Introduction to Health Services Research : A Self-Study Course
Module 3: Selected Players (Federal and Private) (Page 16 of 27)
National Academy of Medicine (formerly Institute of Medicine)
The National Academy of Medicine (NAM) (https://nam.edu/) of the National Academy of Sciences was established in 1970 for the purpose of advancing and protecting the health of the public. The Academy is charged with the examination of policy matters that affect the health of the public. (See also, Module 2)
Members of the Acadmy are elected on the basis of professional achievement and distinction. Currently, there are approximately 1407 regular members, 66 Emeritus members, and 75 foreign associates (as of June 2005). A professional staff assists members and other experts in the conduct of studies on health policy issues.
Topical Areas of Interest
The Academy's program is organized into seventeen topic areas: mental health, child health, food & nutrition, aging, women’s health, education, public policy, healthcare & quality, diseases, global health, workplace, military & veterans, health sciences, environment, treatment, public health & prevention, and minority health.
NAM is organized into seven oversight boards: Board on Global Health; Board on Health Care Services; Board on Health Sciences Policy; Board on Children, Youth, and Families; Board on Population Health and Public Health Practice (formerly Board on Health Promotion and Disease Prevention (HPDP); Board on the Health of Select Populations; Food and Nutrition Board; Fellowship Program; and Medical Follow-Up Agency (part of the Board on the Health of Select Populations).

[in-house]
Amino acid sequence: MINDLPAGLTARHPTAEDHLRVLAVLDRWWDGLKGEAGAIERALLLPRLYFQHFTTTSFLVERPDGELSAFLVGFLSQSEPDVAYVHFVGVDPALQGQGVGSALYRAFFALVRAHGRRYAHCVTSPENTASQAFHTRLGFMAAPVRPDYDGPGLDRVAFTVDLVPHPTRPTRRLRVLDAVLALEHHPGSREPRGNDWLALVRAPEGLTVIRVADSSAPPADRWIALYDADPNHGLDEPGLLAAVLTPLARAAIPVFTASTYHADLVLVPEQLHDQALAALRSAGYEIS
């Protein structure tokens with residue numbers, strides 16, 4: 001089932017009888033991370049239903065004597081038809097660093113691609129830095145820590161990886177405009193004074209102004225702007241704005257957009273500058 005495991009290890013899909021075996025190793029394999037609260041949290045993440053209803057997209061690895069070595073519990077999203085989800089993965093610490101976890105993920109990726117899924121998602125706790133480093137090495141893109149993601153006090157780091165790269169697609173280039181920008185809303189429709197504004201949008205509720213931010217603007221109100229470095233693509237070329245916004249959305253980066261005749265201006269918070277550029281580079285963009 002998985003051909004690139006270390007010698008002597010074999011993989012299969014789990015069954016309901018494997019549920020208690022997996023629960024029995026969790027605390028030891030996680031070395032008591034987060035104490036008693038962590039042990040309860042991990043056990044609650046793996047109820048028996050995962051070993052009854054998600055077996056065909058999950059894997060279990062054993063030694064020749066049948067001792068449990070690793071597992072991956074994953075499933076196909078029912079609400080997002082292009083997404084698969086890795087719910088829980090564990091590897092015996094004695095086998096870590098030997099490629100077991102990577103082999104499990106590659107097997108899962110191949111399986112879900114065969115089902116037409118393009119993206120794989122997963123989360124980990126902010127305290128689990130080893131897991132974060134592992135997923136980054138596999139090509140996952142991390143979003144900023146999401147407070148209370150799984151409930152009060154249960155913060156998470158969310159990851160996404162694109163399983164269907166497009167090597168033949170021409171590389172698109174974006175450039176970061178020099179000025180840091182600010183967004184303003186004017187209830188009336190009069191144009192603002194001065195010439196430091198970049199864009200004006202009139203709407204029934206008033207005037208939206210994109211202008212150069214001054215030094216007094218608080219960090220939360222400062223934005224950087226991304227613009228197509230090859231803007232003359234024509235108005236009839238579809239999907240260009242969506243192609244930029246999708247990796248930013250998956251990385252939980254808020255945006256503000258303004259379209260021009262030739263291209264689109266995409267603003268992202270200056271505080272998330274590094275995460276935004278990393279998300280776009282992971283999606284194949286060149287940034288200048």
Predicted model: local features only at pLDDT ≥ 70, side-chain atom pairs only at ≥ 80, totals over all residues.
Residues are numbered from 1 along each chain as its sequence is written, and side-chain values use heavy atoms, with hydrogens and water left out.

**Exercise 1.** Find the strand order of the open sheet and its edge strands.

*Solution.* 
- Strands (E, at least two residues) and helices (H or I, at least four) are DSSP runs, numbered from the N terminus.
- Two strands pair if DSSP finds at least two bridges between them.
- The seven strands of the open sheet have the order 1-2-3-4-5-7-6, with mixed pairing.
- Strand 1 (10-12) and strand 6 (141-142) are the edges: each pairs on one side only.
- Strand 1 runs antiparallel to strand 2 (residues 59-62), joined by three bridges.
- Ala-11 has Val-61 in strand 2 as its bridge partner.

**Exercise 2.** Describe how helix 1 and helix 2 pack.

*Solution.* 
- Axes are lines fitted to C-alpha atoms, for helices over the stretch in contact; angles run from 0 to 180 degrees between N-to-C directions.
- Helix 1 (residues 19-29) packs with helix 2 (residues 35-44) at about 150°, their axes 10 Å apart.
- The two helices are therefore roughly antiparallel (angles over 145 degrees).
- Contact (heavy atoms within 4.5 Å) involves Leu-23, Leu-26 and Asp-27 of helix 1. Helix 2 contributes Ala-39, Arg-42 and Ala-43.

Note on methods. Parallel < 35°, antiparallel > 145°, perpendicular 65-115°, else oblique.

Board on Health Care Services
The Board on Health Care Services is concerned with the organization, financing, effectiveness, workforce, and delivery of healthcare services, with special emphasis on quality, costs, and accessibility of care; its activities are sponsored by the Public Health Service, Health Care Financing Administration, and the Department of Veterans Affairs.
Committee on Clinical Evaluation
NAM formed the division's Committee on Clinical Evaluation in 1990 to help coordinate the Institute's activities relating to the evaluation of clinical care and patient outcomes.
Committee on Technological Innovation in Medicine
The division's Committee on Technological Innovation in Medicine was formed to study the development and diffusion of new and improved medical technologies (pharmaceuticals, medical devices, and clinical procedures). This Committee addresses such topics as health insurance coverage of new technologies, early stages of the technology development process, and the development and introduction into clinical practice of new surgical procedures.
Keeping up with NAM publications and activities is easy. Sign up for News announcements, a free, e-mail alert service that announces new publications, upcoming events, and new online content.
- NAM's many committees produce many reports and related documents each year. How do you keep up with their publications? Can you specify areas of interest and sign up for only them?
- What is the role of the National Academy Press vis-a-vis the Institute of Medicine?
- Visit the Board on Health Care Services. What projects is it currently covering and what reports has it recently released? Are there projects underway that you should be tracking for your clientele? When you look at the individual projects, what kinds of information are available that you can make use of?
- Formerly active committees may no longer be active. How would you keep track of the work of important committees? How would you locate committee reports after the committees are no longer viable?